There is also another aspect to the monitoring. Had the Apollo spacecraft remained in Earth orbit, as many Moon Truthers claim, they would have been easy to spot with the naked eye, as they were at least as large as many of the satellites you can see in today's night sky. If this had been the case, there would have been many sightings during each Apollo mission. The fact that there were no sightings reported indicates that this probably isn't what happened.
About 382 kilograms of rocks were brought back to Earth by Apollo astronauts. They are unequivocally from the moon, they would be impossible to fake on the Earth, and they didn't get here naturally as meteorites. Let's take a look at how we know these facts:
We wouldn't expect the Soviets to challenge them, because they know better. In the 1970s, three Soviet missions — Luna 16, Luna 20, and Luna 24 — landed on the moon and returned 326 grams of moon rocks to Earth. The Soviets knew exactly what moon rocks were made of, and the fact that they've never questioned the authenticity of the Apollo rocks should give the Moon Truthers pause — unless they say the Soviets were in on the Apollo conspiracy, which would be in direct contradiction with Moon Truthing's fundamental claim.
Any chance that both NASA and the Soviets lied about bringing their rocks back, and simply picked up a bunch of lunar meteorites they found right here on Earth? No, because all the NASA and Soviet moon rocks lack the exterior melting, called a fusion crust, that all meteors receive when entering the Earth's atmosphere. The only lunar meteorites that lack a fusion crust are those on which it has weathered away. Such weathering is equally obvious, and is absent on all the rocks brought back from the moon. Recall the unfakeable zap pits, for example.
There truly isn't any credible narrative other than that these 382 kg of rocks were brought to the Earth from the moon in some artificially protected manner.
These are panels with a surface mottled with little right-angled cubical mirrors that reflect light out at the same angle it came in, and are used in laser range finding. The Apollo astronauts placed retroreflectors at their landing sites, and these are all regularly detected by observatories worldwide. Some were detected from Earth the very same day they were set up; some were located within a few days. In addition, the uncrewed Russian landers Lunokhod 1 and Lunokhod 2 are both still sitting up there, and both have retroreflectors. No nation has ever reported being unable to detect and verify both American and Soviet retroreflectors.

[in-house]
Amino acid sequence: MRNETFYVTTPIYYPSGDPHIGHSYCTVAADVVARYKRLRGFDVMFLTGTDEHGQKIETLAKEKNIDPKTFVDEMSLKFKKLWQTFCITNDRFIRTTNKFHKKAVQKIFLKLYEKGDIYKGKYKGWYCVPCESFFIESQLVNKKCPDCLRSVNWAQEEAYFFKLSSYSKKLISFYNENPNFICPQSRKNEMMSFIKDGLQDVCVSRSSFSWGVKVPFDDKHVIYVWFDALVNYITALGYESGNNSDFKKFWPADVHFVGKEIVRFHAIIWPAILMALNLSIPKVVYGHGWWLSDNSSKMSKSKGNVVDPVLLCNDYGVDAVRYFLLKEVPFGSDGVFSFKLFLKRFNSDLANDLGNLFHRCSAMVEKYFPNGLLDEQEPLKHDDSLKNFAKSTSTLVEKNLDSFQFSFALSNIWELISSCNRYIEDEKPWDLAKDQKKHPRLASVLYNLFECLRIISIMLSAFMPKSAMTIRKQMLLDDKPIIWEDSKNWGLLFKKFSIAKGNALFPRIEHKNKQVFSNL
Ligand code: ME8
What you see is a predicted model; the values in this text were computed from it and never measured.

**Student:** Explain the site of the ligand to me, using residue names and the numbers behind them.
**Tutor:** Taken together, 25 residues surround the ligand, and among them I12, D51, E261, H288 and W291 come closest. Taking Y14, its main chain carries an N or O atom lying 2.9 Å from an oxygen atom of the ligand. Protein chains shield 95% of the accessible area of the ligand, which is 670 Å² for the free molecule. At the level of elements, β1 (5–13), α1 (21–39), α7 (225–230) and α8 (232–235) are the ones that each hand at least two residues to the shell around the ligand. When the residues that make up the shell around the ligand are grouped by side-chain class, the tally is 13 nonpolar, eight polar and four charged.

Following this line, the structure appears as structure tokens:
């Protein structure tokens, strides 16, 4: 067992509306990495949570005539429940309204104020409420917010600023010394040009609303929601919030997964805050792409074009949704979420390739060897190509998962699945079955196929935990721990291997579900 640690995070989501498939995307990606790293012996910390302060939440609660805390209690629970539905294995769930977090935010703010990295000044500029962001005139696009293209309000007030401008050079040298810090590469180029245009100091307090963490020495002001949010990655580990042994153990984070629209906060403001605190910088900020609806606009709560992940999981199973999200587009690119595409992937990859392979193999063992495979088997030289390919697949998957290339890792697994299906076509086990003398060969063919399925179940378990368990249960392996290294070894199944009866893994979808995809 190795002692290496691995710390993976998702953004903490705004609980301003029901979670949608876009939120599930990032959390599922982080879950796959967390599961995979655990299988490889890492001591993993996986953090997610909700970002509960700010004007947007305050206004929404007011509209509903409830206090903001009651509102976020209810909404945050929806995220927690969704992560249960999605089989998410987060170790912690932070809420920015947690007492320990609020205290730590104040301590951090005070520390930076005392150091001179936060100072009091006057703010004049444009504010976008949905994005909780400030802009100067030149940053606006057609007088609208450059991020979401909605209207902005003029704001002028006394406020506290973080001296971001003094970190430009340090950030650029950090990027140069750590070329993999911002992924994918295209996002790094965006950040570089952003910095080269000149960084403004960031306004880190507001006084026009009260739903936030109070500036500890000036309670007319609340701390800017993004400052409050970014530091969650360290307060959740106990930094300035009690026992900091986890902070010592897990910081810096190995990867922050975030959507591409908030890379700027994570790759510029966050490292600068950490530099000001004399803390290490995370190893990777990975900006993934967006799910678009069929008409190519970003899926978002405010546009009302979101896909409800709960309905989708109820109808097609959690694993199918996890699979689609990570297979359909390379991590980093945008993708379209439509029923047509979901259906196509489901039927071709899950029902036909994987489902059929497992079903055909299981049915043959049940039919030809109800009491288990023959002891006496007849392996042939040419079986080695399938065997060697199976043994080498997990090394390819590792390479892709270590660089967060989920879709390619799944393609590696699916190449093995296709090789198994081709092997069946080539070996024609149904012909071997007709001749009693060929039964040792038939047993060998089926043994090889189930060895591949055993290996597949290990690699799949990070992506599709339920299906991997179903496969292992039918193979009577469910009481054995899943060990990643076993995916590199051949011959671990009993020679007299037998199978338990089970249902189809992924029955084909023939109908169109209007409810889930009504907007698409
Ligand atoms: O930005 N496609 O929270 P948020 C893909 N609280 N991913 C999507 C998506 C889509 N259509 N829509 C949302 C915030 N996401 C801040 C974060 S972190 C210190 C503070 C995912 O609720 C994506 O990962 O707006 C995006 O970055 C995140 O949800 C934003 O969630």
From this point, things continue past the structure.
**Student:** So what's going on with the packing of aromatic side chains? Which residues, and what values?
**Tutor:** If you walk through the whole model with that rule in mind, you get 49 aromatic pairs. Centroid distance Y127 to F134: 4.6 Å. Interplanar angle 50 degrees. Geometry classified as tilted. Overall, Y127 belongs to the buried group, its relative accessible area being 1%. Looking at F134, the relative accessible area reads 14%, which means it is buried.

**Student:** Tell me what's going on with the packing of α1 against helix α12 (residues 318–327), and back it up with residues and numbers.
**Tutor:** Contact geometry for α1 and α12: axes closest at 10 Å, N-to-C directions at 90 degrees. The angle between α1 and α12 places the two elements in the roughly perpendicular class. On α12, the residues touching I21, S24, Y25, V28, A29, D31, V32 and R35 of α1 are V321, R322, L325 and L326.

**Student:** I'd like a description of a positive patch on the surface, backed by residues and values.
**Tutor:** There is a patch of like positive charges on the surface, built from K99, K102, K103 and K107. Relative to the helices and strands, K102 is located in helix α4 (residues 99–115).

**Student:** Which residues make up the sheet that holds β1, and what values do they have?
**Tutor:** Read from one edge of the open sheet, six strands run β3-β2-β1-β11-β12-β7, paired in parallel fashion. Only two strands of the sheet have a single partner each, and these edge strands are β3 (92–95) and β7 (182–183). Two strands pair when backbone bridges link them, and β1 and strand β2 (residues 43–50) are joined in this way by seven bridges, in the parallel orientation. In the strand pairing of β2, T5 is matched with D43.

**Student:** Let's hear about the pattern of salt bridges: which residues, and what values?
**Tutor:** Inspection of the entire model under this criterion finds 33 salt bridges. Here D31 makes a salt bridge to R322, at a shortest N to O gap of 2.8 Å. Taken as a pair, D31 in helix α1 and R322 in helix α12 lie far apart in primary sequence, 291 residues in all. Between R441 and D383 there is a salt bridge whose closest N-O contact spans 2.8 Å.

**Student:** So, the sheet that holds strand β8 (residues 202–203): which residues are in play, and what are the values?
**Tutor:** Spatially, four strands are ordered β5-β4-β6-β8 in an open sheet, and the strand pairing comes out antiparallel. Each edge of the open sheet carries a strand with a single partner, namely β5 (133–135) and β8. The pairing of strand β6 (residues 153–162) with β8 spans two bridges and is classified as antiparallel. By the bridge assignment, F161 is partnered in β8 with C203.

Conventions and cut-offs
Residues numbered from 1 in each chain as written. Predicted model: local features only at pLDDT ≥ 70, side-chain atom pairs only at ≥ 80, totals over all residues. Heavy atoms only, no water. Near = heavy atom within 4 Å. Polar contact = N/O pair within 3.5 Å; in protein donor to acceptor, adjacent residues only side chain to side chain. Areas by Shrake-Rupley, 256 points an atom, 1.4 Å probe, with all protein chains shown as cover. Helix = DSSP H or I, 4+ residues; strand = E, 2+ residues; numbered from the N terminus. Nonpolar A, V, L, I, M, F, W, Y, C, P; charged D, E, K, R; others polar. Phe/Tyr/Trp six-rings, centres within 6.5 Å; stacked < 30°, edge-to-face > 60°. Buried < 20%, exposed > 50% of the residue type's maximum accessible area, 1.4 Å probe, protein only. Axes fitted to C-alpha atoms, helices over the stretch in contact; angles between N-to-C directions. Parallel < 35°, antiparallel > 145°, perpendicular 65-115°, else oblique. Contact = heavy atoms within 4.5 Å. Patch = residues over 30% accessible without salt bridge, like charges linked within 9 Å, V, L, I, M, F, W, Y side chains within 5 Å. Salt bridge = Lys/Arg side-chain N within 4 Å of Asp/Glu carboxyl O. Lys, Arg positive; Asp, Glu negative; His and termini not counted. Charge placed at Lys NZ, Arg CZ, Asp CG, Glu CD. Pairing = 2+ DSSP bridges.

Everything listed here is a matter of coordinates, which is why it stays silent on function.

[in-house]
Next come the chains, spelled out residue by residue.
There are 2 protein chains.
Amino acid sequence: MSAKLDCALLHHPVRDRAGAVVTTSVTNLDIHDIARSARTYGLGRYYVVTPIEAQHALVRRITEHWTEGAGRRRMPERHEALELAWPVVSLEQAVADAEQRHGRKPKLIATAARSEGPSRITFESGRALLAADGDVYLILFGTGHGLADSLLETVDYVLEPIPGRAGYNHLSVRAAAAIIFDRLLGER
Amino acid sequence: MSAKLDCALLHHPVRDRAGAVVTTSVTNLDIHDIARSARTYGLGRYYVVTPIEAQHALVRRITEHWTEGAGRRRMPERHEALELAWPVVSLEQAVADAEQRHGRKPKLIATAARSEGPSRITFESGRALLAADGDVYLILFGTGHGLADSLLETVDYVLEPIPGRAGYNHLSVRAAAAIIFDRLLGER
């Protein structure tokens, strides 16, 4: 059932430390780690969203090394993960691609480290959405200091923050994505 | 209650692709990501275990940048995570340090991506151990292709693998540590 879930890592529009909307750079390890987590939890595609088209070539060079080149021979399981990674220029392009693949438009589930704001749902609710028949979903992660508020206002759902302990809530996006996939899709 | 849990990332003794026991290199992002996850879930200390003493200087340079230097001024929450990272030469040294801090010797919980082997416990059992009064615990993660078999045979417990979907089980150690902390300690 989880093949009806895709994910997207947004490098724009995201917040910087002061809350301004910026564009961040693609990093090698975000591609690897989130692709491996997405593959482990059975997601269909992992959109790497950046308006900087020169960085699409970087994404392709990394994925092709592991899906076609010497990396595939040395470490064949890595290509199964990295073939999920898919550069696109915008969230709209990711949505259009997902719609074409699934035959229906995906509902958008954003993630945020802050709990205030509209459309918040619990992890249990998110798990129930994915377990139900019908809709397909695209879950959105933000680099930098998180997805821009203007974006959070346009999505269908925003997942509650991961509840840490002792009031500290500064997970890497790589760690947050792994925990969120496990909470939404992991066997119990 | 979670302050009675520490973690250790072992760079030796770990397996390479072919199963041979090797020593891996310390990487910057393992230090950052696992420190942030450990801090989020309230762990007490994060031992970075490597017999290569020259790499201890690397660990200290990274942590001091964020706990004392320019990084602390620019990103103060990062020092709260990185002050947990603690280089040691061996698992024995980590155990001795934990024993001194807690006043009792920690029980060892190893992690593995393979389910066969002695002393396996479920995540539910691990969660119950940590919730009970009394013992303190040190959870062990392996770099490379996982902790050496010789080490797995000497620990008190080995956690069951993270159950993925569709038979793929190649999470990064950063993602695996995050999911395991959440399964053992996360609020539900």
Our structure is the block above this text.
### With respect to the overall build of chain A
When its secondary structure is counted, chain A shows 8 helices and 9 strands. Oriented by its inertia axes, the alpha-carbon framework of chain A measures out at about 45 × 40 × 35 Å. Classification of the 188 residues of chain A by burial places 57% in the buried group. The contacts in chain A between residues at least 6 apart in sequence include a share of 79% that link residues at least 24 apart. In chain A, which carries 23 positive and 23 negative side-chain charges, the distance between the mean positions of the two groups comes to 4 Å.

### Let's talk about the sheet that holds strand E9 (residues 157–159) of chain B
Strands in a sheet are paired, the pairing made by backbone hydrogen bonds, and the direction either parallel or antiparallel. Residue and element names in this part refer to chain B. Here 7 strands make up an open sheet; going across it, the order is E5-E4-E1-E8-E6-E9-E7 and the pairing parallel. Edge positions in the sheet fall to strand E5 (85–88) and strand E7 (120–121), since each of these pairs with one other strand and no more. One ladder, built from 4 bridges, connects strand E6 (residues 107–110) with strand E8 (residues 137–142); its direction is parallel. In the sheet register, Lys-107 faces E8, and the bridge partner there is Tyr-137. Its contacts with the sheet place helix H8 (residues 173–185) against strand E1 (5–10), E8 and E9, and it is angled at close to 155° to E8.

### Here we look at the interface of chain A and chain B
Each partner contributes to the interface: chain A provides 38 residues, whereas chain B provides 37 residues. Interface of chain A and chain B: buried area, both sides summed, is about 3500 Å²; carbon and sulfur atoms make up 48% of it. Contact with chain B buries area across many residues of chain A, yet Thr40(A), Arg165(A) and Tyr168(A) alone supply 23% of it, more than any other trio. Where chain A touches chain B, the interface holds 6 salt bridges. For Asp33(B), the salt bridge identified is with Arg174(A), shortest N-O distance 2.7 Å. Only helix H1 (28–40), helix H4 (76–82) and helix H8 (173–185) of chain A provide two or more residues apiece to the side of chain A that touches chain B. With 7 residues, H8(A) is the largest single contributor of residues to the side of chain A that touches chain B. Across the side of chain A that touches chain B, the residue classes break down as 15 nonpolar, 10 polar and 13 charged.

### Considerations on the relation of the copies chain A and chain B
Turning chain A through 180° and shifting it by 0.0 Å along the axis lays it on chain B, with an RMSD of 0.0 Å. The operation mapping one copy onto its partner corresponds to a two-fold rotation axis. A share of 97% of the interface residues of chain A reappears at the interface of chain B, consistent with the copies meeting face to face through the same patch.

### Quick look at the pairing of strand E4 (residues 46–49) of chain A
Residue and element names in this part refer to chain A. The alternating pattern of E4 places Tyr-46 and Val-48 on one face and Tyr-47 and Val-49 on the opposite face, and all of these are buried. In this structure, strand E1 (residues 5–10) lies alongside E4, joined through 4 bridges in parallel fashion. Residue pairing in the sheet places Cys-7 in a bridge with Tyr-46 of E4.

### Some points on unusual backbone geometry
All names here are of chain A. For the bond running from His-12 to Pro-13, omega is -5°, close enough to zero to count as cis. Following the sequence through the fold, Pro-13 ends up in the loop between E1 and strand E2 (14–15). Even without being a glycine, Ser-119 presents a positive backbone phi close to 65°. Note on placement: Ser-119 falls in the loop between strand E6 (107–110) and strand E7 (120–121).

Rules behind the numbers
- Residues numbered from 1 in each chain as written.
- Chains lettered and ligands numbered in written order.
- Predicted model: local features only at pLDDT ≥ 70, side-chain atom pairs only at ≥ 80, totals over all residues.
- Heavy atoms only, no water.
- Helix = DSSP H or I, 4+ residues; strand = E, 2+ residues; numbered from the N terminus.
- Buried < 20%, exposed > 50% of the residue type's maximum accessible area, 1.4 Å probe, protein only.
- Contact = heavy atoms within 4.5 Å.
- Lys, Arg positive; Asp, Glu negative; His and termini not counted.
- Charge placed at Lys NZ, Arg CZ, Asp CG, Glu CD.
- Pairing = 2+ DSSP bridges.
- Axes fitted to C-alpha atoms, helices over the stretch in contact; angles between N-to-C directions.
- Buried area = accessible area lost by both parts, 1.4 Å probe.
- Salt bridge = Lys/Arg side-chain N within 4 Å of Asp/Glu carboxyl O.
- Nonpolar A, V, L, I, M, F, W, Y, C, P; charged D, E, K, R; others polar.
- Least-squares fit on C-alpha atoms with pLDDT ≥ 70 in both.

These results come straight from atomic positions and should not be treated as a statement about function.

Of course, this doesn't prove humans were aboard the spacecraft that carried these retroreflectors, but the acknowledgement from every country, both friendly and unfriendly, does prove — at least to the satisfaction of even our enemies — that the Apollo program successfully landed on the moon.
Surveyor 3 was an uncrewed American probe that landed on the moon in 1967. When Apollo 12 landed on the moon in 1969, they decided to land at the same place. Sure enough, they touched down within sight of Surveyor 3. The astronauts removed about 10 kg of parts from it and brought them back to Earth, including the camera which is on display at the National Air and Space Museum in Washington DC. Examination of its glass shows tracks from high-energy solar particles, including heavy ions emitted by solar flares. These are blocked by the Earth's atmosphere, so this had to happen in space. This proves that the camera was in space, if not necessarily on the moon; and its removal from Surveyor 3 required careful manual work that couldn't have been done by a robot. So there's proof that a man was somewhere in space at some point to do the work.
I suppose it's possible to draw out some alternate scenario in which NASA could have accomplished all of these things via some narrative that differs from the historical one, but all the components of the story are proven and immovable. The alternate scenario would have to be absurdly more complex, Rube Goldberg style, and thus even riskier than simply using these components as intended, as all the evidence shows they did.
As I said two weeks ago in part 1, I doubt this series of episodes will change the minds of any hardcore Moon Truthers. But I do hope that, at a minimum, some of the science we've touched on will intrigue them enough to dig further on their own. What we know is less important than how we know it, and if we can develop a love for the learning process, eventually we'll all end up with a better understanding of our world.